---------------------------- 3 TABs + 1 Text block --------- OK ------
    ---------------------------- 3 TABs + 2 Text blocks -------- OK ------
    abcd	efgh		
    abcd		ijkl	
    abcd			monp
    	efgh	ijkl	
    	efgh		monp
    		ijkl	monp
    ---------------------------- 3 TABs + 3 Text blocks -------- OK ------
    abcd	efgh	ijkm	
    	efgh	ijkl	mnop
    ---------------------------- 3 TABs + 4 Text blocks -------- OK ------
    abcd	efgh	ijkl	mnop

    Best Regards,


  • @glossar , @Alan-Kilborn , @Meta-Chuh , et alia,

    Unfortunately, the (?-s) only changes the behavior of . with respect to newlines; it doesn’t change character classes, so [^\t]+ means “one or more characters that don’t match a TAB, even if those characters are newlines”. By changing the full regex to (?-s)^.*?\t[^\t\r\n]+\t.*?$, I was able to get it to skip lines like @Meta-Chuh 's example of x instead of the TAB. The class [^\t\r\n] means “match one or more characters that isn’t any of TAB, CR (carriage return), or LF (line-feed)”

    I am not as regex expert as @guy038, so I may be misinterpreting; however, the boost docs say (emphasis mine)

    Escaped Characters
    All the escape sequences that match a single character, or a single character class are permitted within a character class definition. For example [[]] would match either of [ or ] while [\W\d] would match any character that is either a “digit”, or is not a “word” character.

    Since \R doesn’t match a “single character” (it can match a single character or a pair of characters more than one character, see boost’s “Matching Line Endings” section), it doesn’t fall within the allowable escape sequences permitted in the character class.

    edit: while typing this up, four more posts were made. Hopefully, I still added to the discussion.
    edit 2: clarify the \R

  • @PeterJones said:

    Hopefully, I still added to the discussion.

    You did, and you helped make it an “interesting discussion”. thanks.

  • Alan, the second one that finds no-tab :), works, thank you.

    Guy and Peter - Thank you for stepping-in! :) Much appreciated!

    Have a nice day!

  • Hi, @glossar, @alan-kilborn, @meta-chuh, @peterjones, and All,

    Here is an other solution, which looks for all contents of lines containing, at least , 2 tabulation chars ( can’t do shorter ! ) :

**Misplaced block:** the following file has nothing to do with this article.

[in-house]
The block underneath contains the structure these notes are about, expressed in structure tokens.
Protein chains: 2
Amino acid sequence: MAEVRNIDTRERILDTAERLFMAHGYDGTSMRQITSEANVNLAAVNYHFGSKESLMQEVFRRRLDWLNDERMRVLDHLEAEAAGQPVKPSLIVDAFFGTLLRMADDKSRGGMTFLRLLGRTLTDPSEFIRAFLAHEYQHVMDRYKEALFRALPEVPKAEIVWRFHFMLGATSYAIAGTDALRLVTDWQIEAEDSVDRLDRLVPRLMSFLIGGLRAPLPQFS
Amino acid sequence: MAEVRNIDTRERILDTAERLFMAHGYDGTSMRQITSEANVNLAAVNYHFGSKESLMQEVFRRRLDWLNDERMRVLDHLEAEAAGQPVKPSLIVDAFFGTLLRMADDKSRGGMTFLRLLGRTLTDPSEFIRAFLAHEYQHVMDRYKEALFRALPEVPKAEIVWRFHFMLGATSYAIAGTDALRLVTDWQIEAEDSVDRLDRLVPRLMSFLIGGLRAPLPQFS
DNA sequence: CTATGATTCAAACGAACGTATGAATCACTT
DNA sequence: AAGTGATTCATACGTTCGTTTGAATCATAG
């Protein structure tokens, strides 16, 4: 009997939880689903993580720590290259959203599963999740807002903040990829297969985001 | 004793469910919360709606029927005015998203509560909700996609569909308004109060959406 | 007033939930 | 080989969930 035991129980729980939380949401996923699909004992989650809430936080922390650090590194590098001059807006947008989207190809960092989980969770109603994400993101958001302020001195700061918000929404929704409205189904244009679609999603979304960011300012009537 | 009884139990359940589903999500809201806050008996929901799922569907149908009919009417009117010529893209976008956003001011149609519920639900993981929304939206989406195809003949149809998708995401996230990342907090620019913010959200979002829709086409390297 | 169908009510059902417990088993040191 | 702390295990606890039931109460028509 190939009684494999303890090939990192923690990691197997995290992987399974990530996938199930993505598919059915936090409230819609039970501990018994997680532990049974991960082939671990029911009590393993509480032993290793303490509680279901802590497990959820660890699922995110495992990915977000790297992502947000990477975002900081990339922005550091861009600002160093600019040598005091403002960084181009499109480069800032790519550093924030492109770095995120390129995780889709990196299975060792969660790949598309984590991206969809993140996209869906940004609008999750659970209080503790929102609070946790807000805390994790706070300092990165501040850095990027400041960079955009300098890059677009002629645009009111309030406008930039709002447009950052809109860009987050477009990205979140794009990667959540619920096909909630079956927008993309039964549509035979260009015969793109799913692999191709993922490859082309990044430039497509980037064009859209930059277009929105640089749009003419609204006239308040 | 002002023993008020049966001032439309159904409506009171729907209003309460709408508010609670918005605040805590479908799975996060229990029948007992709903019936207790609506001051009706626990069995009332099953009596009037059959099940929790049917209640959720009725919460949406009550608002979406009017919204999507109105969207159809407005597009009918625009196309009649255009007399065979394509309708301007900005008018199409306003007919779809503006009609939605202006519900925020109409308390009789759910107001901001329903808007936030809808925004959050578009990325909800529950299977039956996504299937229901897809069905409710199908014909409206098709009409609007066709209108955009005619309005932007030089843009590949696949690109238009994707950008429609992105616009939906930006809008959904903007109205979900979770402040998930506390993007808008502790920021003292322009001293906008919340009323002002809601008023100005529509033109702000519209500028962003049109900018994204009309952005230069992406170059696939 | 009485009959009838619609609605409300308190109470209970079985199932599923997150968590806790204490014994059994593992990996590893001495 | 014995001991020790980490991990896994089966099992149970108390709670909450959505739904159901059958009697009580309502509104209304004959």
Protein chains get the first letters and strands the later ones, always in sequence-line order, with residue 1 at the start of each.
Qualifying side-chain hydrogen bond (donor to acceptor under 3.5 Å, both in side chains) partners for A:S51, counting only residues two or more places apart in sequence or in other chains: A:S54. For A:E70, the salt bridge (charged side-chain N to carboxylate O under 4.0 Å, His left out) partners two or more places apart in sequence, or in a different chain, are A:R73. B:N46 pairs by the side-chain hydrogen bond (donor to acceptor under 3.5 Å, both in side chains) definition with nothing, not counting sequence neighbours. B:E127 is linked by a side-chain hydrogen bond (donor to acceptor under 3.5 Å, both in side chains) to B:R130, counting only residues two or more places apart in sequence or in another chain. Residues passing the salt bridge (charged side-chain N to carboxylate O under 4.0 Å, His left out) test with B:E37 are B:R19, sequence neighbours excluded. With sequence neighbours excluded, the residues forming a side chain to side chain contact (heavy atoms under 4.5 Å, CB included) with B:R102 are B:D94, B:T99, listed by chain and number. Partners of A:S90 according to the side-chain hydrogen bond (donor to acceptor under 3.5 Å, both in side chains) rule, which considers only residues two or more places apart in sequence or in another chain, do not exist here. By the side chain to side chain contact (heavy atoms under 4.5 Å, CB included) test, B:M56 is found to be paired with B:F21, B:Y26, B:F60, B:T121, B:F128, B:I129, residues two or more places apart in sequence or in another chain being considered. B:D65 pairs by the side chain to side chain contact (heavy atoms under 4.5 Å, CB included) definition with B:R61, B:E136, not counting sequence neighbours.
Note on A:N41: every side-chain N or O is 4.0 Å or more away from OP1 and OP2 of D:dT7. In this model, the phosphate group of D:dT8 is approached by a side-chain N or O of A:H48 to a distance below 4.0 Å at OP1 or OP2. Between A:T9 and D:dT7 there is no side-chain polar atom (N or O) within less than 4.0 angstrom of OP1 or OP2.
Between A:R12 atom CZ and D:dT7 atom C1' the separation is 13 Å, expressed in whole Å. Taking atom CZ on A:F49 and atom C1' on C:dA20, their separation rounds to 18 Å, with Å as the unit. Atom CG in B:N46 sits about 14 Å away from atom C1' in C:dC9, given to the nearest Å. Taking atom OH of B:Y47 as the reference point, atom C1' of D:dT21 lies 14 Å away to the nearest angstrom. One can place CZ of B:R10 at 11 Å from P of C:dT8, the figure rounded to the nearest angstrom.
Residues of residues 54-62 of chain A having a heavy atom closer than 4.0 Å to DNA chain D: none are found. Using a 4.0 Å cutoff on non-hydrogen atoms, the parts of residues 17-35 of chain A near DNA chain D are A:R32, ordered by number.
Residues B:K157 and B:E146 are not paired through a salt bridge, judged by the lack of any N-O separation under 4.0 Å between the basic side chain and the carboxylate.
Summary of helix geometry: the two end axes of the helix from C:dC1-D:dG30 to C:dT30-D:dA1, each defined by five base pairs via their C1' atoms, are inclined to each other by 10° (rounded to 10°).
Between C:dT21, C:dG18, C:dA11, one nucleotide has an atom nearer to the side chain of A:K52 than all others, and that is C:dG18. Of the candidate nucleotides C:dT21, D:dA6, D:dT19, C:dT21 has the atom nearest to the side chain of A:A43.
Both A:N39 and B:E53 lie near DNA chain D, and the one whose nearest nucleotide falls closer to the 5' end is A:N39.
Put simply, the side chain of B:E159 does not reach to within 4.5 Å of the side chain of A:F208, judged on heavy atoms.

SEARCH (?-s).*\t.*\t.*

    Just for information, an other formulation of the Alan’s regex, which searches lines which do not contain any tabulation char, could be :

    SEARCH (?!.*\t)^.+

    Negative character classes are often misunderstood, Indeed ! When you’re using, for instance, the negative class character below :


    It will match ANY Unicode character which is DIFFERENT from, either <char1>, <char2> and all characters between <char3> and <char4> included. So, most of the time, it probably matches the \r and \n END of Line characters. To avoid matching these line-break chars, just insert \r and \n, inside the negative class, at any location, after the ^, except in ranges :




  • @Alan-Kilborn said:

    @glossar said:

    regex that locates a line that contains no tab?

    There might be better ones, but this one seems to work:


    Hi @alan-kilborn,
    Is it possible for you to modify this regex so shat it should skip blank lines, i.e. the ones containing no characters at all, just (if applicable, ^ and) \r\n. Currently the regex finds blank lines as well since they , too, meet the criteria “no-tab”.

    Thanks in advance!

  • Hi, @glossar, @alan-kilborn, @meta-chuh, @peterjones, and All,

    I may be mistaken but I think that the regex (?!.*\t)^.+, of my previous post, just meet your needs, doesn’t it ?



  • @glossar said:

    Is it possible for you to modify this regex so shat it should skip blank lines

    So we should look at what the original means:


    It says (basically) to match zero or more occurrences (because of the use of *) of anything that is not TAB. If we change it to match ONE or more occurrences (we’re going to change * to + to do this) of anything that is not TAB). Because we have to match at least ONE thing, empty/blank lines are no longer matched:


    Which is basically what @guy038 said, but I wanted to elaborate a bit!

Log in to reply